Join us live as we unveil the all new Hygraph Studio!

Working with Rich Text Embeds

In this post we'll explore working with the Rich Text embed types Link, Inline, and Block.
Jamie Barton

Jamie Barton

Jun 10, 2022
working with rich text embeds in hygraph

To follow along you'll need a project with a model, and a Rich Text field. Here's a preview of my project before we get started with enabling embeds:

Page model

Next if you edit the Rich Text field it's here you can enable embeds, and select the other content models you want to allow to be embedded.

Enable embeds

Now with embeds enable, we have 3 ways to embed these when editing content:

Rich Text Editor

If we first select the Link we can choose to use a regular href, or by selecting an existing content entry.

Embed Link Entry

If you saved this content and queried for the AST using the Hygraph Content API you'd get an AST that looks like:

"children": [
{
"type": "paragraph",
"children": [
{
"text": "Did you know you can embed "
},
{
"type": "link",
"nodeId": "ckz5njfa8ij7m0b05xxqd1ap2",
"children": [
{
"text": "link"
}
],
"nodeType": "Page"
},
{
"text": "?"
}
]
}
]

We can see from the response we have an array of children that contain objects of nodes that either contain content, or further children. We can see the second child is of the type link. We can also see this is of the nodeType Page, and we have the nodeId.

Right now all we now about the embedded link node is that it's a Page. We'll need to extend our GraphQL query to use inline fragments to fetch the references:

{
page(where:{ id: "..." }) {
content {
json
references {
... on Asset {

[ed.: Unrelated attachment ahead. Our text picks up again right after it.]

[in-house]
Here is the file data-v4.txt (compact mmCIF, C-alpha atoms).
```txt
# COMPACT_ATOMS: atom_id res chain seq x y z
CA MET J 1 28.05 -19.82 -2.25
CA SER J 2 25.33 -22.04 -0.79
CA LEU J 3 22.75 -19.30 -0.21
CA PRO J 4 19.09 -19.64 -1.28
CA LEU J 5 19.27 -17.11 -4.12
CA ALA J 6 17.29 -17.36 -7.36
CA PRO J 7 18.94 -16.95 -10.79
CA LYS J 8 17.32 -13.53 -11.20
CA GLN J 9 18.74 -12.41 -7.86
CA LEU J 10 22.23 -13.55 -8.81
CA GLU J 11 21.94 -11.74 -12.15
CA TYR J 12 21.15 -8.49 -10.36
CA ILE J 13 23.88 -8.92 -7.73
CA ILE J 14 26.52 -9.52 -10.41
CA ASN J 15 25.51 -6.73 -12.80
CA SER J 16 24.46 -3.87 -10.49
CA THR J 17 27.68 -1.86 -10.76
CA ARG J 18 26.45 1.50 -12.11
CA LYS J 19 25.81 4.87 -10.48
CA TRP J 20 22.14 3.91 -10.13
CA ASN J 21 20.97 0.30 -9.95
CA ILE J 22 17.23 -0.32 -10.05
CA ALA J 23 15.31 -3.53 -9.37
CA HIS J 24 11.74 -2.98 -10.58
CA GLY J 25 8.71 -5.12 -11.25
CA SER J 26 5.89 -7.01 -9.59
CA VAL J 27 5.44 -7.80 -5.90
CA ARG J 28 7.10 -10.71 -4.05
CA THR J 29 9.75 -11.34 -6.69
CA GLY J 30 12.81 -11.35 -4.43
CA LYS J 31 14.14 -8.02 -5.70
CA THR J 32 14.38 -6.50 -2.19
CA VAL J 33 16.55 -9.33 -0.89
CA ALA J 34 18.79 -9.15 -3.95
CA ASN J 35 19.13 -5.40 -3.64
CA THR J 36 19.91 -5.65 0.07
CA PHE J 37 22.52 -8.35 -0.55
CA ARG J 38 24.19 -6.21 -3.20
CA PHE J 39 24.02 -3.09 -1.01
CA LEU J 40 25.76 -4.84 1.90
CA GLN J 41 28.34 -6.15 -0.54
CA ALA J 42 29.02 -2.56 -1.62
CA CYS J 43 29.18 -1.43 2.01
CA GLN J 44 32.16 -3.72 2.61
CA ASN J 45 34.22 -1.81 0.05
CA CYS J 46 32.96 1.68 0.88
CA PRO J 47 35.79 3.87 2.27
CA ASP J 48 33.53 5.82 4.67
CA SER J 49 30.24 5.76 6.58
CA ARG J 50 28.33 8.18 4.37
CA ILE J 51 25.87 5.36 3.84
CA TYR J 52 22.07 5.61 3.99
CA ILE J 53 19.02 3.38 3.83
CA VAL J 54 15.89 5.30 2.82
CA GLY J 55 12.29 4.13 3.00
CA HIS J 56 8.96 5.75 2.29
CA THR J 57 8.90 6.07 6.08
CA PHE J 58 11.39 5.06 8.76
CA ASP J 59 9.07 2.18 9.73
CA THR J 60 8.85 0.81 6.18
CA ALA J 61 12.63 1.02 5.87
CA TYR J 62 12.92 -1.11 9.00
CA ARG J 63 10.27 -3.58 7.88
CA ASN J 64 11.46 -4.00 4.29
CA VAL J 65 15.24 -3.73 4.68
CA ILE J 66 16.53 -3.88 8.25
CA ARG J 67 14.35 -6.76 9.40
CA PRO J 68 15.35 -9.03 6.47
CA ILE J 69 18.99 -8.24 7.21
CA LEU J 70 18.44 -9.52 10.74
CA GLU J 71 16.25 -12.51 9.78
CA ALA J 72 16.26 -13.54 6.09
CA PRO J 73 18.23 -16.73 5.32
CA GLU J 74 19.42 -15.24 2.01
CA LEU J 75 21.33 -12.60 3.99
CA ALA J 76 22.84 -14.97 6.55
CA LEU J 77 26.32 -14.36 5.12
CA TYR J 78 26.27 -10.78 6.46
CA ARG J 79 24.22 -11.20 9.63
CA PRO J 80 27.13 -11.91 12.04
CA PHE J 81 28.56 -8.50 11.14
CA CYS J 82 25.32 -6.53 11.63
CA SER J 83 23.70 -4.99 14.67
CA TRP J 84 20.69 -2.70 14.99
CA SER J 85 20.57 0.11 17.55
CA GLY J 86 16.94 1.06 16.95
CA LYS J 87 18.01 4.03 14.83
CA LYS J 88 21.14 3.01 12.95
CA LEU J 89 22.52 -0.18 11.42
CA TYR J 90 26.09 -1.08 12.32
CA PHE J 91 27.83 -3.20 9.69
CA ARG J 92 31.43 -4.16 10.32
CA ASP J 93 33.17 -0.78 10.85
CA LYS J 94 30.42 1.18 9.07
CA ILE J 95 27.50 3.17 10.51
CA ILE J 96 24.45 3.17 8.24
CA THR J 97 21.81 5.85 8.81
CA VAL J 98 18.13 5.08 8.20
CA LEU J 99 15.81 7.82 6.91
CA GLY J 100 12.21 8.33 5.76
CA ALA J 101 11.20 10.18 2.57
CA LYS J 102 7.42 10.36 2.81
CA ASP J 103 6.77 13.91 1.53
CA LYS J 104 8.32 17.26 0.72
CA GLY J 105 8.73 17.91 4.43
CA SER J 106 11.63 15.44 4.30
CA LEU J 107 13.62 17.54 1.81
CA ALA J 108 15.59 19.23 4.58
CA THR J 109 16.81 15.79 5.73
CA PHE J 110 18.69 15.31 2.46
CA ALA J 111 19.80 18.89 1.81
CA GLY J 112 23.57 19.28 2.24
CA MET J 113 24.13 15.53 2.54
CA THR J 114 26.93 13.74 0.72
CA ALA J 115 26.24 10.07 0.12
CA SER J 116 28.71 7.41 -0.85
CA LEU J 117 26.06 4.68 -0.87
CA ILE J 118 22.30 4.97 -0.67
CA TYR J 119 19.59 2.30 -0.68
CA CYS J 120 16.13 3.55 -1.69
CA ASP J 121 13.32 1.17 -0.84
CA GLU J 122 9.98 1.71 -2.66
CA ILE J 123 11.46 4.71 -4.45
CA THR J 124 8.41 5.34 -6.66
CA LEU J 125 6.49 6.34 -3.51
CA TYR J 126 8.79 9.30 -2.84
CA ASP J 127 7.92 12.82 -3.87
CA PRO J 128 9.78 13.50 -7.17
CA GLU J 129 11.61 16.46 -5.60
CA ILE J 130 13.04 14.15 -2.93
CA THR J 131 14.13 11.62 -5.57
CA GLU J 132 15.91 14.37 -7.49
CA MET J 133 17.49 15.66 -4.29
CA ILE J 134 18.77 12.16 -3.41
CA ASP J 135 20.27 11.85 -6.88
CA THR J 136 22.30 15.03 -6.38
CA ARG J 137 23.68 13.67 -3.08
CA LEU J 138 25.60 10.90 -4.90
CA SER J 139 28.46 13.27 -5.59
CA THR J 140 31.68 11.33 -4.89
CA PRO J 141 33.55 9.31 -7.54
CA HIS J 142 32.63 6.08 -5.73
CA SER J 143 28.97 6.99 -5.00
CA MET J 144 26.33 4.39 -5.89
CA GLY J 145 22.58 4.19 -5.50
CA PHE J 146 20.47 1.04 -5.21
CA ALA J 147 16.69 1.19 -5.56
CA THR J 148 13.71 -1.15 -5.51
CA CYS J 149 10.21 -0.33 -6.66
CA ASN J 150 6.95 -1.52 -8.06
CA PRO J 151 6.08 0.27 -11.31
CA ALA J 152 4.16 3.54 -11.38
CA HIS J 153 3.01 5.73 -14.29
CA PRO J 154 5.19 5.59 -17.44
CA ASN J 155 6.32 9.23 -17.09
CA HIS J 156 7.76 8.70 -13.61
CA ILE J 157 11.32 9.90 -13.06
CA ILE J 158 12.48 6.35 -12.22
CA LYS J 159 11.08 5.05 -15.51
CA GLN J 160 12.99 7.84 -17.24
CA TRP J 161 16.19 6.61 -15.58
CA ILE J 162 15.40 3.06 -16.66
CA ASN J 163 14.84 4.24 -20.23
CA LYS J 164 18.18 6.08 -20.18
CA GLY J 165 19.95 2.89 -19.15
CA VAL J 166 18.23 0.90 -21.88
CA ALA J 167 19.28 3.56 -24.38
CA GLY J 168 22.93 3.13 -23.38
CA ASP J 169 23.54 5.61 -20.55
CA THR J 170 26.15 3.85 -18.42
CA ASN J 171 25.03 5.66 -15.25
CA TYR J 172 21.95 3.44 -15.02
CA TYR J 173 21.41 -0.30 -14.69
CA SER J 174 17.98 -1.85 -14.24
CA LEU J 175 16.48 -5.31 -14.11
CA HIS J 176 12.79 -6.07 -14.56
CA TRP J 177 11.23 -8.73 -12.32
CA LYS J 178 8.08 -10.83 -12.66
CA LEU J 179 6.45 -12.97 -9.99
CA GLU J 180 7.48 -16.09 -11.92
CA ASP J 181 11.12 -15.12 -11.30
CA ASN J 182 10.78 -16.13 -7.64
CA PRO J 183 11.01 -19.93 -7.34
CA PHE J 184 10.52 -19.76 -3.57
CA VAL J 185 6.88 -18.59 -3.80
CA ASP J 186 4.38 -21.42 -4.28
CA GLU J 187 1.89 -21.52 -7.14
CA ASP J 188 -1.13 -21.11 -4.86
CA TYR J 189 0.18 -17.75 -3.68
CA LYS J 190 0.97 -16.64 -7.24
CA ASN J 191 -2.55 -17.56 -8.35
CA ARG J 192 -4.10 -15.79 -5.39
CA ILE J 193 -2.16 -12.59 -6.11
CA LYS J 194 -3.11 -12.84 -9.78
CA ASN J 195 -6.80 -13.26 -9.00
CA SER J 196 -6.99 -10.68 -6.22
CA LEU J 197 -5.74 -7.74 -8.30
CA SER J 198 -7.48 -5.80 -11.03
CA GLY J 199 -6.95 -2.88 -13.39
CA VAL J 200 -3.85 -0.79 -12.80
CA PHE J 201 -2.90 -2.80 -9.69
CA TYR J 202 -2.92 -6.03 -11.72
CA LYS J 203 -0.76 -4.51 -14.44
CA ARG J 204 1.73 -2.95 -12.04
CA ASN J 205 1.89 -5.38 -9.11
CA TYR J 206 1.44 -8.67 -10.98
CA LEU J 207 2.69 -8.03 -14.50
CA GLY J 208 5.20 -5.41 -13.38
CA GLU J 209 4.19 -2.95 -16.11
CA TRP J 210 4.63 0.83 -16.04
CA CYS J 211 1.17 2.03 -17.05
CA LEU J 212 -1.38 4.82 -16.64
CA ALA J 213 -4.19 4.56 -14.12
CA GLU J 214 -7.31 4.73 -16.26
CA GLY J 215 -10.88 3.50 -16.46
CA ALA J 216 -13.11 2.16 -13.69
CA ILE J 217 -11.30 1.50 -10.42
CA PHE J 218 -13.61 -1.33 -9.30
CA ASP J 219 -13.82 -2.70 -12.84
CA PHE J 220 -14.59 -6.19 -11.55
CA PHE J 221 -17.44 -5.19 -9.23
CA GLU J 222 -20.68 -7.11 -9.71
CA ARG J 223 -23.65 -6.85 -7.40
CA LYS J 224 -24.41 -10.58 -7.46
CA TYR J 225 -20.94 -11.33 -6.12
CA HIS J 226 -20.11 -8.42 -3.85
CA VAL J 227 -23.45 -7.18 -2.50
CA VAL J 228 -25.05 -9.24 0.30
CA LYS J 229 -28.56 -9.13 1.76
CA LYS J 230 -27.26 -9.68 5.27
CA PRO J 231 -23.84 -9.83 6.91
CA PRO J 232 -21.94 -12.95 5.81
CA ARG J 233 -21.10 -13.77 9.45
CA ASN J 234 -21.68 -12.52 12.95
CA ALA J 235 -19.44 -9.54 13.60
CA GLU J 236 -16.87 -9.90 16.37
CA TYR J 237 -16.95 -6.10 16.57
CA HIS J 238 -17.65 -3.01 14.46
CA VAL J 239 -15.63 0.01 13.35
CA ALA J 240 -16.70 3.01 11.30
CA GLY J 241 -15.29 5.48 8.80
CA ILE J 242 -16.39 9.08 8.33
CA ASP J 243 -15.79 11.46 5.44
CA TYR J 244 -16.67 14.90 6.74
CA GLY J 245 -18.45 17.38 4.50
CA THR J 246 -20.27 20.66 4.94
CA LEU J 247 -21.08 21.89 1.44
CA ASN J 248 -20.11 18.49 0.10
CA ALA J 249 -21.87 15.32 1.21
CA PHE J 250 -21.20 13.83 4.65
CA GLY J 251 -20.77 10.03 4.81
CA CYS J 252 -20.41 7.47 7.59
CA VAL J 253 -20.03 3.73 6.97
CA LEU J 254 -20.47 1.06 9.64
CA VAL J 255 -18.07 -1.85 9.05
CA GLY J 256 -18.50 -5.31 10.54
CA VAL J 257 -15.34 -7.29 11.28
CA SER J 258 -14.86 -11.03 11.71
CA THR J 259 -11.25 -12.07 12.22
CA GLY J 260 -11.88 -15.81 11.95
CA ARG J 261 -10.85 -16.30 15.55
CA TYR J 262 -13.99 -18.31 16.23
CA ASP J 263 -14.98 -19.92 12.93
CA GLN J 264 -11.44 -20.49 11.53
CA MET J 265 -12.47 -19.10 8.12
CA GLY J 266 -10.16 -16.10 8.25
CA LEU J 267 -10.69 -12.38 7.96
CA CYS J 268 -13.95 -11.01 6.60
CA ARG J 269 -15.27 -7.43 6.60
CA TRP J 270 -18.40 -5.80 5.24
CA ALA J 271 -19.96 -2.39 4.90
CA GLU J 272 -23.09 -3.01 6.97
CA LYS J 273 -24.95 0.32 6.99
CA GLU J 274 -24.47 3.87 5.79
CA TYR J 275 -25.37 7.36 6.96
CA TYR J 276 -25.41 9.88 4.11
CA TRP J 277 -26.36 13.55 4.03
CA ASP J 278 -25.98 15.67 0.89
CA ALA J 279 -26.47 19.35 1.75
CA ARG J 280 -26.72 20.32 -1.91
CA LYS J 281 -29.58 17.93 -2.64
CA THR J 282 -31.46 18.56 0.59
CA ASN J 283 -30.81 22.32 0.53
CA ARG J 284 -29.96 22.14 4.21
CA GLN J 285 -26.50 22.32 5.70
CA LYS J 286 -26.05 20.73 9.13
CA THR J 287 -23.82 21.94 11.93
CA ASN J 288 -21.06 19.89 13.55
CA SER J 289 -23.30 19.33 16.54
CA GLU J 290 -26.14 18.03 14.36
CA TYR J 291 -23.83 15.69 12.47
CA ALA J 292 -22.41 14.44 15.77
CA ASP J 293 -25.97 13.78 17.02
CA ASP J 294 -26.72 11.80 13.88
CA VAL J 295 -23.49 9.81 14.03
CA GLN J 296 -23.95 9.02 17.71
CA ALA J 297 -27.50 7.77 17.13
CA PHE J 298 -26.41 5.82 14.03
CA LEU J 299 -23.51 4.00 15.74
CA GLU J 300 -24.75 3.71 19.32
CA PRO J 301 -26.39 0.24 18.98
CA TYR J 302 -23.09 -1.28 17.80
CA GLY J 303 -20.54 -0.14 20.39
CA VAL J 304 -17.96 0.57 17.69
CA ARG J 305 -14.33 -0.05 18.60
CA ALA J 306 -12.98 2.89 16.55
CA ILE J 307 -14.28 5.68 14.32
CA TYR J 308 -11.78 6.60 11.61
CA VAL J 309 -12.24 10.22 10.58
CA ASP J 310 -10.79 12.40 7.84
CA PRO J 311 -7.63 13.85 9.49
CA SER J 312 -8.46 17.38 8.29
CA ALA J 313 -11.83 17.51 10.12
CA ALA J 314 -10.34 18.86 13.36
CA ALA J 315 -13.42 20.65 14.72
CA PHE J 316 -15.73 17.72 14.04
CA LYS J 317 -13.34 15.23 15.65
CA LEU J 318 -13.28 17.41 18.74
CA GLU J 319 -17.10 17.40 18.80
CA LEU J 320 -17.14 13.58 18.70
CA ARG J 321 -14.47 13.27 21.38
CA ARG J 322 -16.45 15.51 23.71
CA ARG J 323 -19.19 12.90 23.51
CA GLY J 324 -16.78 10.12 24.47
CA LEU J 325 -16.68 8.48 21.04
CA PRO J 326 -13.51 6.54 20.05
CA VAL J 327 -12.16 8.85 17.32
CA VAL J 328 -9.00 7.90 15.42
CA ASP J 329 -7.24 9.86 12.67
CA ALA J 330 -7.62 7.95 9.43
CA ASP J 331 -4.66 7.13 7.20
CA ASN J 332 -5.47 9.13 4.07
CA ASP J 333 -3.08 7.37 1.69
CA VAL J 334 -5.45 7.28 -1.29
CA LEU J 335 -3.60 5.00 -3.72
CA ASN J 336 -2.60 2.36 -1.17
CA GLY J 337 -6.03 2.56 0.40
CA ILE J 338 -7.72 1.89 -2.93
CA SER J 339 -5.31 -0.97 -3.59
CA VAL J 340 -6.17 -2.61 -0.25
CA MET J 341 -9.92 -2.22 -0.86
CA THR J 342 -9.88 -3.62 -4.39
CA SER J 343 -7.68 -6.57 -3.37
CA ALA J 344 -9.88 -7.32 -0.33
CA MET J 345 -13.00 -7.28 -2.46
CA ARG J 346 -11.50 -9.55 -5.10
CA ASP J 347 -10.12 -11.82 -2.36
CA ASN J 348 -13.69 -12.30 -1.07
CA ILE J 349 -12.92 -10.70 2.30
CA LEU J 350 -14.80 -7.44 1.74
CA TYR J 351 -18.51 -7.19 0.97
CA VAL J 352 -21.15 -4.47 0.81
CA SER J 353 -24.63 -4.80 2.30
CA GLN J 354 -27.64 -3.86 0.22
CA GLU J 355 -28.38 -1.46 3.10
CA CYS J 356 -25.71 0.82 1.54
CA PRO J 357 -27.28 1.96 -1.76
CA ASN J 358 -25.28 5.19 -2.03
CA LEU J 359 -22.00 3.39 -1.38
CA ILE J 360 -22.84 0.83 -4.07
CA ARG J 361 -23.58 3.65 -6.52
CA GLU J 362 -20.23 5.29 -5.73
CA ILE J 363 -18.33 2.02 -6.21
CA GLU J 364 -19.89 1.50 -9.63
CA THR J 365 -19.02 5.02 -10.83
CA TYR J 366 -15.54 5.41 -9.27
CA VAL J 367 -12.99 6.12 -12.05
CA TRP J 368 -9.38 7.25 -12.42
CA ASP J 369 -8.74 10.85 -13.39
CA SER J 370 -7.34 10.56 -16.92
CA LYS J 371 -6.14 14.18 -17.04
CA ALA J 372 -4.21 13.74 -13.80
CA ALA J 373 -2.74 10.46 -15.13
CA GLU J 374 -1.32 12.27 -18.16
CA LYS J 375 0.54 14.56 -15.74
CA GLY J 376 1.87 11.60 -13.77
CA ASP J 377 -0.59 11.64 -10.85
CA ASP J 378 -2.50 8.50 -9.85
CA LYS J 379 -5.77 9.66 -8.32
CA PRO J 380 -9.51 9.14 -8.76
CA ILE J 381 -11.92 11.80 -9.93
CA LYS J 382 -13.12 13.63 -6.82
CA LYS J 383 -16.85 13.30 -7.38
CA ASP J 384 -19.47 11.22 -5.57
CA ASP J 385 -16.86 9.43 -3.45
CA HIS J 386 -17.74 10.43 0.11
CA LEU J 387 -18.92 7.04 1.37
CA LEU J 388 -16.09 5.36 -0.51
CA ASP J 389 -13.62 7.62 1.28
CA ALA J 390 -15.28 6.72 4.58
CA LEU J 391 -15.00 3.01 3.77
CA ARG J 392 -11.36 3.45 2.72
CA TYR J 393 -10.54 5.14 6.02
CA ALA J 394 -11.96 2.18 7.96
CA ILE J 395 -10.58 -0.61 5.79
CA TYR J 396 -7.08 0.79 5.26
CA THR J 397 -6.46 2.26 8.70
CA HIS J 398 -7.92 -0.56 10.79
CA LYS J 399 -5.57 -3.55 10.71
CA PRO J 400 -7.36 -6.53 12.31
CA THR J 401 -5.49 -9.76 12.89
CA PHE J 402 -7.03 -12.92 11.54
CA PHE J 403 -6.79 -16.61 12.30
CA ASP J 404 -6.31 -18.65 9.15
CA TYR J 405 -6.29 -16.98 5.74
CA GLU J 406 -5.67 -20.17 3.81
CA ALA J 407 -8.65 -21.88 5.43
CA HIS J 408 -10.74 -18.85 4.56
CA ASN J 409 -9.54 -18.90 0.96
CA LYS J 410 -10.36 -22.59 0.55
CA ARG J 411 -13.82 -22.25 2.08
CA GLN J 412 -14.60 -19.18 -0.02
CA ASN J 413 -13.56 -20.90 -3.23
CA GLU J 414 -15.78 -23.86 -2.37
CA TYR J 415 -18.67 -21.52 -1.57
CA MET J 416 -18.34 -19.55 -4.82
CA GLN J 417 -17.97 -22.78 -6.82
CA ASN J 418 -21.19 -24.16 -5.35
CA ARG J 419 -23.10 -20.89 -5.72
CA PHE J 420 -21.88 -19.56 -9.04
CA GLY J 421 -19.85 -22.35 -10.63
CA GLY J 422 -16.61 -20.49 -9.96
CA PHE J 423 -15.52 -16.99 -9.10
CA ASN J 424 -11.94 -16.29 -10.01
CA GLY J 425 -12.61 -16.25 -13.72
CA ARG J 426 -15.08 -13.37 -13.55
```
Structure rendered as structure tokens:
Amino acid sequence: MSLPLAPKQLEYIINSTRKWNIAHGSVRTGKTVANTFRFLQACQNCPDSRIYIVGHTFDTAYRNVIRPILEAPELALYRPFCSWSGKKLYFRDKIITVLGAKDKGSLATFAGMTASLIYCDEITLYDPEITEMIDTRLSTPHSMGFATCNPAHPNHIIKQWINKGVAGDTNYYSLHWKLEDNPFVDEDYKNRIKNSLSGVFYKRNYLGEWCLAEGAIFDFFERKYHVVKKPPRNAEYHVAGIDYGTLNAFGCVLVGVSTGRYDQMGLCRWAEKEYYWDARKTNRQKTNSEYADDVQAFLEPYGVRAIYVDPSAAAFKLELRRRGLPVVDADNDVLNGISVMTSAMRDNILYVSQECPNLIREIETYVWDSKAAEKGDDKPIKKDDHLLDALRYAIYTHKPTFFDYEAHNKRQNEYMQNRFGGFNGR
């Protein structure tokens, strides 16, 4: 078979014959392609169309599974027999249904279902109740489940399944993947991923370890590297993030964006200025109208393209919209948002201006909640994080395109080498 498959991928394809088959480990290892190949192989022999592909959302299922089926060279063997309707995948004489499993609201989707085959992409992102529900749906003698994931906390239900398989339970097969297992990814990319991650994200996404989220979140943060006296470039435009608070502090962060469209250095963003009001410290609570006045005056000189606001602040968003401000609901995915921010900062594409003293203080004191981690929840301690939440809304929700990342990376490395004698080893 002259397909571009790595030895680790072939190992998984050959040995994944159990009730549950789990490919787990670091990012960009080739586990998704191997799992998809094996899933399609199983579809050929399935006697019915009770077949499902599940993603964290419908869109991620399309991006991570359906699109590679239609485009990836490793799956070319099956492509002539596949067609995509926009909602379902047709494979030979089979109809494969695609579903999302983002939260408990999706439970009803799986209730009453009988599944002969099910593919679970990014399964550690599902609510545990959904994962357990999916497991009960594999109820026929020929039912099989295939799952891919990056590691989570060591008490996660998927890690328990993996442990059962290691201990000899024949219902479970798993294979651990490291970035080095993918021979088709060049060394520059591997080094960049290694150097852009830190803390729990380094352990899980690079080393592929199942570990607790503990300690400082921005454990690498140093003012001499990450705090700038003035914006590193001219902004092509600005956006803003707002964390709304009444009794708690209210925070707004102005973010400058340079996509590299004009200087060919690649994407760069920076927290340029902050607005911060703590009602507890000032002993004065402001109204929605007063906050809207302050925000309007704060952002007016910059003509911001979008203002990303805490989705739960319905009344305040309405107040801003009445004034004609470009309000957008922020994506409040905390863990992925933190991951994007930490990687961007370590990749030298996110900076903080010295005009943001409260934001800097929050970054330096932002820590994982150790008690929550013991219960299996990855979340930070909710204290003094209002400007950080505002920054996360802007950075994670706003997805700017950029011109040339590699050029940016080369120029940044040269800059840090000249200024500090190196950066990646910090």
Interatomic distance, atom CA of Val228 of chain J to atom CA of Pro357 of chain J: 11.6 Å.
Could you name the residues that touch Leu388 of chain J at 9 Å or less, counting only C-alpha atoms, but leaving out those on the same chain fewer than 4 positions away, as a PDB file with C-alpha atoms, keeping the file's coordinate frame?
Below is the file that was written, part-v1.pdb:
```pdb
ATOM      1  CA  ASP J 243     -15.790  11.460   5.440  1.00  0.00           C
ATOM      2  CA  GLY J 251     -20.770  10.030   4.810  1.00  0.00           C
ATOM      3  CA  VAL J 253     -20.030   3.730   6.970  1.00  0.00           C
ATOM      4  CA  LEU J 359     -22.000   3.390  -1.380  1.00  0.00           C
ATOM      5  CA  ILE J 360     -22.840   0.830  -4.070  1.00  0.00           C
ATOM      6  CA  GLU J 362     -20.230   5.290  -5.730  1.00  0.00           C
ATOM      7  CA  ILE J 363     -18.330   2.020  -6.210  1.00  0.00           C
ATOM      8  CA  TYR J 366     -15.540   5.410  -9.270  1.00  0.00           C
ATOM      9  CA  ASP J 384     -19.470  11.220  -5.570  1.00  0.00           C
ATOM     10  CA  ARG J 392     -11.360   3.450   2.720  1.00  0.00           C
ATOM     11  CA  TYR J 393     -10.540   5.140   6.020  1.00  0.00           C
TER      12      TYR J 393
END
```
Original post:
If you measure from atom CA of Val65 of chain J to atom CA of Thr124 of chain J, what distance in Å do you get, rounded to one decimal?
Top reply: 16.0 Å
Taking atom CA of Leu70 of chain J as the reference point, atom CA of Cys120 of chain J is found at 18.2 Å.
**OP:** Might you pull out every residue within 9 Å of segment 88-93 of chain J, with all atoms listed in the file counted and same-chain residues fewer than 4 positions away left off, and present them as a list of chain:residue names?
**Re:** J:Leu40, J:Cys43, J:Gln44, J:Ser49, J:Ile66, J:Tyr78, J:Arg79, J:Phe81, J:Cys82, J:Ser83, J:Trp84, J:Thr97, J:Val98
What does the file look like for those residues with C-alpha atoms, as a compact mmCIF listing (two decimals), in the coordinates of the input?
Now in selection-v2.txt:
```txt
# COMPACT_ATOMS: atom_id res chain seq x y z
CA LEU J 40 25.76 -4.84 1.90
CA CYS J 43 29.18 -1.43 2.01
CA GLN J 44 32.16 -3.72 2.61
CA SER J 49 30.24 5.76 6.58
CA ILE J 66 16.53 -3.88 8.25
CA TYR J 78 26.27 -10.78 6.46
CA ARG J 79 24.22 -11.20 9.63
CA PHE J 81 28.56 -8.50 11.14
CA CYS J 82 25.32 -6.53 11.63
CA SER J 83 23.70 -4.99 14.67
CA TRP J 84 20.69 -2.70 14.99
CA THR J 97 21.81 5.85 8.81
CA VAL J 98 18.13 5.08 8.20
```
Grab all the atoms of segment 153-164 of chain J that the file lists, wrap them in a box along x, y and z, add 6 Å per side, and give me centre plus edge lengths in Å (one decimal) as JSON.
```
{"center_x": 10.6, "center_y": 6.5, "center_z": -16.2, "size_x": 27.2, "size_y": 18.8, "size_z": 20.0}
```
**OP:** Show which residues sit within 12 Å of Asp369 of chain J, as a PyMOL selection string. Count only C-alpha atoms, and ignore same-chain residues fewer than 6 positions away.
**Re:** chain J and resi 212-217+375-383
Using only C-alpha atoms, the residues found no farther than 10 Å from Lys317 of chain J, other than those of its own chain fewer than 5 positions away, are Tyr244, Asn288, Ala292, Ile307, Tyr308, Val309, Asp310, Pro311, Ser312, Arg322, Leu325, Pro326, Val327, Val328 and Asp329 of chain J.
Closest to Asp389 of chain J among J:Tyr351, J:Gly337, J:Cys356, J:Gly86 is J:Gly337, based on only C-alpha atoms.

url
width
height
}
... on Page {
id
title
}
}
}
}
}

Now we should see in the response we get a little bit more about our Page entry:

{
"data": {
"page": {
"content": {
"json": {
"children": [
{
"type": "paragraph",
"children": [
{
"text": "Did you know you can embed "
},
{
"type": "link",
"nodeId": "ckz5njfa8ij7m0b05xxqd1ap2",
"children": [
{
"text": "link"
}
],
"nodeType": "Page"
},
{
"text": "?"
}
]
}
]
},
"references": [
{
"id": "ckz5njfa8ij7m0b05xxqd1ap2",
"title": "Creating pages"
}
]
}
}
}
}

Now if we want to embed a Block entry, we can select this from the Embed dropdown. Block embeds appear in the AST as a root node, so they won't be embedded inside of a paragraph for example.

Embed Block Entry

Finally we can embed an Inline entry which invokes the same behavior as above to select an entry, but will appear inside the AST of the child node. For example, inside the paragraph.

Here's what the final Rich Text editor looks like with these 3 types of embeds added:

Rich Text Editor with Embeds

Now with all of this added you can query for the content and references to then render on your site. We have several libraries that will help transform the AST to HTML.

We also have some guides on working with the above libraries and your frontend frameworks:

Hope this has given you a quick look at how you can use Rich Text Embeds to bring a whole new dimension to your content by embedding other content entries.

If you'd like to see a project using embeds you'll want to check out our Docs Starter. You can see below we use the Rich Text React Renderer to show assets, and links to other pages (as block embeds):

Docs starter preview

Blog Author

Jamie Barton

Jamie Barton

Jamie is a software engineer turned developer advocate. Born and bred in North East England, he loves learning and teaching others through video and written tutorials. Jamie currently publishes Weekly GraphQL Screencasts.

Share with others

Sign up for our newsletter!

Be the first to know about releases and industry news and insights.